UN experts | Appointments should ensure independence, expertise and diversity


Even as ISHR and its partners call for a transparent and merits based selection of UN independent experts – one which also prizes diversity – male candidates top the shortlists for upcoming appointments.

Photo of UN Independent Expert

In a letter, ISHR, Amnesty International and five other NGOs have published a checklist for the selection of candidates for UN Special Procedure mandates. The letter is addressed to the Consultative Group, which is comprised of five Ambassadors, and which is responsible for recommending shortlists of three candidates for each of the positions.

Helen Nolan, Training and Advocacy Support Manager at ISHR explains that Special Procedures are the eyes and ears of the Human Rights Council, with mandates to report and advise on human rights from a thematic or country-specific perspective.

The letter was sent as the Consultative Group was considering candidates for four Special Procedure mandate holders in the upcoming session of the 35th Human Rights Council.1 Despite ISHR and its partners’ emphasis on the need to ensure gender diversity, the top choice of the Consultative Group for each of the four appointments is male. Moreover, all three nominees selected for the Special Rapporteur on the human rights of migrants are male.

‘It is wholly unacceptable in 2017 that the Consultative Group itself is entirely comprised of men, and that the number one candidate recommended by them for every mandate is also a man,’ said Nolan. ‘As a bare minimum, the Consultative group should follow the Guidelines on Gender Parity, and States should already be moving beyond this basic idea to ensure that trans and gender non-binary people are also represented.’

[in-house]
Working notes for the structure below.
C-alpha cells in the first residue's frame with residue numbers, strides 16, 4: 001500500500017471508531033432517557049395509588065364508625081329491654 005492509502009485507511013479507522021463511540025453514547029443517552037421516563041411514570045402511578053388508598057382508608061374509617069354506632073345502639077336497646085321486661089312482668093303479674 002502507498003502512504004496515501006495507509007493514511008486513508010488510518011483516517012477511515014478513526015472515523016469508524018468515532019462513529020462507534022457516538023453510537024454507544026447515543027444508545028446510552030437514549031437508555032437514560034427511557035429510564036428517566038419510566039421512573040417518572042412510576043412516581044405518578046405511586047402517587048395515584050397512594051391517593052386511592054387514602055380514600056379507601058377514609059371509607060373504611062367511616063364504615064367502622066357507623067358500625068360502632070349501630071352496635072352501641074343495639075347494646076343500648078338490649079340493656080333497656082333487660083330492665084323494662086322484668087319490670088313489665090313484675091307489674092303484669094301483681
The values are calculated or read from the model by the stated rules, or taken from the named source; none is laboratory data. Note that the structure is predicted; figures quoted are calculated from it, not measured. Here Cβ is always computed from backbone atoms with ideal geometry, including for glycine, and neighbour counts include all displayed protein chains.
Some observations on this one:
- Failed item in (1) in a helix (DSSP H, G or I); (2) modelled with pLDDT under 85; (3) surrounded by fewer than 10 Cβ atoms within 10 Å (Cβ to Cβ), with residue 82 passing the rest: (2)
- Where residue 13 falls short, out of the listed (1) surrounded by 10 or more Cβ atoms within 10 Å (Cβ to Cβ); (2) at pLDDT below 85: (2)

Nolan emphasises that ‘if they are to have meaningful impact, these hugely important positions need to be held by experts selected and appointed through a transparent and merit based process.’ Nolan explained that the only way to find the best person for the job – and to ensure that the experts reflect the diversity of the global population – is by applying objective criteria.

The new generic checklist presented can be applied when considering the selection of all UN Special Procedure mandates. The criteria considers the candidate’s relevant:

  • qualifications and skills;
  • recognised competence; expertise;
  • and flexibility and readiness to adapt in performing their functions

All while giving due consideration to equitable geographic representation, and to an appropriate representation of experts of different legal and social systems.

A central element of the criteria is independence. ‘Without this requirement, the recommendations made by Special Procedures may be put into question,’ explained Nolan. ‘Where it seems that there might be a conflict of interest, candidates must explain how they will deal with it to ensure that the Special Procedures and their recommendations cannot even be perceived to be biased,’ Nolan stated.

This checklist builds on previous civil society efforts. For example, earlier this year, ISHR joined other NGOs in proposing criteria for the selection and appointment of the new Special Rapporteur on the right to freedom of peaceful assembly and of association. Previously, ISHR along with Amnesty International and other NGOs released a checklist for the selection and appointment of a new UN expert on human rights defenders.

‘It’s because the work of the Special Procedures is so fundamentally important that we’re going to keep pushing for the use of these criteria. We are fighting for the integrity and strength of the system,’ declared Nolan.


Download the letter and checklist here.


[1] Independent Expert on human rights and international solidarity, Special Rapporteur on minority issues, Special Rapporteur on the human rights of migrants, and Special Rapporteur on the promotion and protection of human rights and fundamental freedoms while countering terrorism.



  • United Nations
  • Special Procedures of the UN Human Rights Council